Ask the Experts

Q: “What Are the Best Planners for ADHD Brains? Paper or Digital?”

The best planner is a paper planner because it allows students with ADHD to truly see their time mapped out, plus the act of writing cements information in a way that typing does not.

Q: “My daughter is super bright and wants to do well, so we hired an ADHD coach to work with her after school. They use your planner, too. But she uses it because the coach tells her to and not because she truly understands the significance of it. When I ask the coach to suggest what I can tell my daughter, she really doesn’t have a good answer. Can you give me some take-aways of why you feel a paper planner is the way to go?” — PlannerMom

Hi PlannerMom!

I thought long and hard about how to answer this question. Why? Because to know me as an academic/life coach for teens and college students is to know that I’m 100% on the “YOU-figure-out-the-best-systems-and-strategies-that-work-for-you” bandwagon. But when it comes to using a paper planner? It’s non-negotiable, as far as I’m concerned.

Here’s what I tell my students: You need to use some type of planning tool to well… plan! It’s all well and good to know what you must do, but a proper paper academic planner helps you visualize what’s ahead so you can plan (there’s that word again) for and manage commitments and know when you have time to do them.

Bottom line? Your child must see their time to learn how to manage it. And they do need to learn to manage it. I strongly believe that a student can only truly see their time by using a paper planner. One professor I know included a paper planner on her supply list for her class and made it a mandatory requirement for her college class to stress its importance. She even went so far as to predict that those students who refused to use one would fail her course.

She was right.

[Get This Free Download: Solving Disorganization at School]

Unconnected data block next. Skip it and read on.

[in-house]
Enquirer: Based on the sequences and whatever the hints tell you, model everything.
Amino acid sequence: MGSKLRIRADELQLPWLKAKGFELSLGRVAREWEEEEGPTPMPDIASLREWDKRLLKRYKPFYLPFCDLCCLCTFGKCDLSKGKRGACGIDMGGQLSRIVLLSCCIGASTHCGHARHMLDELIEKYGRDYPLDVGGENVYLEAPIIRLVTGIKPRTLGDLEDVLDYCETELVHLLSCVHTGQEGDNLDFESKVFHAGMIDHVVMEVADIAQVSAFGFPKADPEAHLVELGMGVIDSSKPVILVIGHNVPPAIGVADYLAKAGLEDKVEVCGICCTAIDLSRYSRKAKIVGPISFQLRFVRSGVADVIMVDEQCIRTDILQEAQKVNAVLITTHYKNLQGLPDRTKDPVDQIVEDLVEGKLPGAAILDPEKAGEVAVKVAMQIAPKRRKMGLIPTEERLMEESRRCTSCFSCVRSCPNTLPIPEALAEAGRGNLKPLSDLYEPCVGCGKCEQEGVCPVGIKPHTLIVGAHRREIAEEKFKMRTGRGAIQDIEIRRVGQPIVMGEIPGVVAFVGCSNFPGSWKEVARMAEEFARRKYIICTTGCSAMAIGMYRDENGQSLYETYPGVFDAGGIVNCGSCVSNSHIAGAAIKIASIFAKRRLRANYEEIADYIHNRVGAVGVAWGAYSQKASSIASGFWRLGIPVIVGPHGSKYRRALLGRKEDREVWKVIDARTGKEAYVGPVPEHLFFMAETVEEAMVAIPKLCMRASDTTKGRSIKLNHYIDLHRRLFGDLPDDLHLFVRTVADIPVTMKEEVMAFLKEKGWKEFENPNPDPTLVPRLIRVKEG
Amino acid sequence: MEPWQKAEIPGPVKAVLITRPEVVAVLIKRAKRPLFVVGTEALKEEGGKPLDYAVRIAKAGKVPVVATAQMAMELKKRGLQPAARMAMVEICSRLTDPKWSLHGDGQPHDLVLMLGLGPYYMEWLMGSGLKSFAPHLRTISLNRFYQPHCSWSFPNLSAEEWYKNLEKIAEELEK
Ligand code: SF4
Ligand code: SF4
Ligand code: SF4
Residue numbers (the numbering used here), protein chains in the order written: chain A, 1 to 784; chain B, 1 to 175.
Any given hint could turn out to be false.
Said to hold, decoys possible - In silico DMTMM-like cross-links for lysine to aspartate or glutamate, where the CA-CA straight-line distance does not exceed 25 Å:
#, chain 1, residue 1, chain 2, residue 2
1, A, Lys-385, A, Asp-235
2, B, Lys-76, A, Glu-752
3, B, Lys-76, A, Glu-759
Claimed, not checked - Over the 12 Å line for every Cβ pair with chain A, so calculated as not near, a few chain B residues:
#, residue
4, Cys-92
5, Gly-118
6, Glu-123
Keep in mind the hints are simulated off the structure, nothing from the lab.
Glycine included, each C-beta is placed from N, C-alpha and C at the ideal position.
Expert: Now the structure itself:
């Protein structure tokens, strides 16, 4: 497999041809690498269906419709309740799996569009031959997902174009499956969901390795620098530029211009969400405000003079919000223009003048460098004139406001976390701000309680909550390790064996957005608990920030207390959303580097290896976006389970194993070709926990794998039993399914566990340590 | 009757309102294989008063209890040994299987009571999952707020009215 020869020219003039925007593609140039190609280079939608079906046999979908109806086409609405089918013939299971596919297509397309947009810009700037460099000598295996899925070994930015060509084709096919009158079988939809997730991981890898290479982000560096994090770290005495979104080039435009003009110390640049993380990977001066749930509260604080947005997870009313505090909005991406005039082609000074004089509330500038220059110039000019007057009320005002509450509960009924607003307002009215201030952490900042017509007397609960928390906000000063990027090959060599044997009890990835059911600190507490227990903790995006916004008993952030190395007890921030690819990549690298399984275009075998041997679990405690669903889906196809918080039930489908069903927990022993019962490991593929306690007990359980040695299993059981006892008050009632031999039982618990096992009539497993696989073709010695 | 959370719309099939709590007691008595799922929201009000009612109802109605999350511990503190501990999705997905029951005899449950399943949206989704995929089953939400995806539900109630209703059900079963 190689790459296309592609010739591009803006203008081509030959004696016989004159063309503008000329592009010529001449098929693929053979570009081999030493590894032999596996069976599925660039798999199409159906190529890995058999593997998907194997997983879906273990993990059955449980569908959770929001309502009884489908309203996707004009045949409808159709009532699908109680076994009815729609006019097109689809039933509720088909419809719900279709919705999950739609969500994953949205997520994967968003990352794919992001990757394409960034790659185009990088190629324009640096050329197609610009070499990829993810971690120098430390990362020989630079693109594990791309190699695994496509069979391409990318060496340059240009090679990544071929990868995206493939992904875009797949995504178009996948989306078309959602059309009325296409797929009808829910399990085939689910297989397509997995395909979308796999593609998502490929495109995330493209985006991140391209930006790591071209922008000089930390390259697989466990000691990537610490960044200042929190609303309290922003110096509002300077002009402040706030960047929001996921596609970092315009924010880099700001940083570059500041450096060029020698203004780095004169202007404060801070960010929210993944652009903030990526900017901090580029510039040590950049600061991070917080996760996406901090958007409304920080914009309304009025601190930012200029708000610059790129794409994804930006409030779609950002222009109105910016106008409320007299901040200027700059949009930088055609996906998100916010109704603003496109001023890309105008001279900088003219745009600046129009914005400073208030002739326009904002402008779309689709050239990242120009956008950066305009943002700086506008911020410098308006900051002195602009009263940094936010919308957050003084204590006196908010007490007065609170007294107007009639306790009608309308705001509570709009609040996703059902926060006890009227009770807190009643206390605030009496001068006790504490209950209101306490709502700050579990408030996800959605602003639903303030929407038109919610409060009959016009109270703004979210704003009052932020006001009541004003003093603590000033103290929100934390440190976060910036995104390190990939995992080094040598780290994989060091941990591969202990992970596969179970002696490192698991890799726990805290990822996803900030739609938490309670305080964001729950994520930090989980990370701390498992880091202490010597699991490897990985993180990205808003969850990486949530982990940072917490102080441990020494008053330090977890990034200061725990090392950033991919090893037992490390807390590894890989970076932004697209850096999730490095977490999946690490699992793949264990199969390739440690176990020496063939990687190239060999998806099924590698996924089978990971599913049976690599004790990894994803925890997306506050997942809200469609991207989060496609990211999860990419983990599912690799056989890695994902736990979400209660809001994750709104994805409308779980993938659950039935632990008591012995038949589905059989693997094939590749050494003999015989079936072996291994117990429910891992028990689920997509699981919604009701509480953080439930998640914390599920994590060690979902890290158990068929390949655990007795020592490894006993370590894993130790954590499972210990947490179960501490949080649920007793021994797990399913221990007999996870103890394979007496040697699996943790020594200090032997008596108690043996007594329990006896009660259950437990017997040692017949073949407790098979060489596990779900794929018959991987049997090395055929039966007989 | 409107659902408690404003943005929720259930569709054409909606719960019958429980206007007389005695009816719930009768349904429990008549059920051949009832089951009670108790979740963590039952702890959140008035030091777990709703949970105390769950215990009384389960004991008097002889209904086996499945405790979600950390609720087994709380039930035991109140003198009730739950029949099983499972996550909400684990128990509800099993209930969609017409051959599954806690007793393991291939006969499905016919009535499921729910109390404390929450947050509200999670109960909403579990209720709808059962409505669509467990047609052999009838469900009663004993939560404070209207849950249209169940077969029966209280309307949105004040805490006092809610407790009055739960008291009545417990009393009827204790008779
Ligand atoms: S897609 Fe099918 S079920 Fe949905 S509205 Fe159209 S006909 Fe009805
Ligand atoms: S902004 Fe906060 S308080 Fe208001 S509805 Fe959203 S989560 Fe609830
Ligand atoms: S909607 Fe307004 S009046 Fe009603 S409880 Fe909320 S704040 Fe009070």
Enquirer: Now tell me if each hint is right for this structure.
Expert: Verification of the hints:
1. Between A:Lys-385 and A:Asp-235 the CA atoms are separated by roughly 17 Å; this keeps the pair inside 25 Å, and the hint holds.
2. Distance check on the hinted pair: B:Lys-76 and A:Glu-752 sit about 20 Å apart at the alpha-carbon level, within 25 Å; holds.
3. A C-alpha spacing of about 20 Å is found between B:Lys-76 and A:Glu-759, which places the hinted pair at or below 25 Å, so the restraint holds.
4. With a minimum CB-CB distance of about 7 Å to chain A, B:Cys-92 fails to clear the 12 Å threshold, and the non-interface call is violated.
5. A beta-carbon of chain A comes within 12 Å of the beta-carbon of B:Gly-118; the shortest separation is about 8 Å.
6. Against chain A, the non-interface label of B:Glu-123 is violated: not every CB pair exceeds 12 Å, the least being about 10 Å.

Here are some additional reasons why paper planners are so important.

1. Writing in a paper planner helps you remember. Philosopher and psychologist Nicolas Clausen said it best: “Typing only activates the ‘language’ areas of our brain; whereas writing with a pen or pencil activates multiple brain regions and, therefore, makes the process complex, sensory-rich, and memorable.” Plenty of research shows that students who write by hand have a higher retention rate than those who use electronic devices.

2. Paper planners are more time efficient. I’ve been selling this concept to my students for years. But it’s true. How do I know? I test it by timing them! I ask them to record the same homework assignment in their academic planners and then again on an electronic devise. The physical planner wins every time!

3. Electronic devices are distracting. I hear all day long from my students that when they go to open an app on their phone or computer to write down something, Instagram/Snapchat/text messages/YouTube starts calling out their name. And, of course, what they intended to do gets pushed out of focus.

[Read: How to Convince Your Teen to (Actually) Use a Planner]

4. Paper planners build time-management skills. I can’t say this enough. They allow you to see the big picture using clear weekly and monthly views to help you create time sense and future awareness. I can’t count how many times I’ve heard a student say, “I need to see everything in one place.” Seeing helps us plan, prioritize, and stay on task and track.

I’m so thrilled your daughter is using our academic planner. If you need more information on how to use it more effectively, we have many free videos on our website at

Good Luck!

Best Planners: Next Steps

ADHD Family Coach Leslie Josel, of Order Out of Chaos, will answer questions from ADDitude readers about everything from paper clutter to disaster-zone bedrooms and from mastering to-do lists to arriving on time every time.

Submit your questions to the ADHD Family Coach here!

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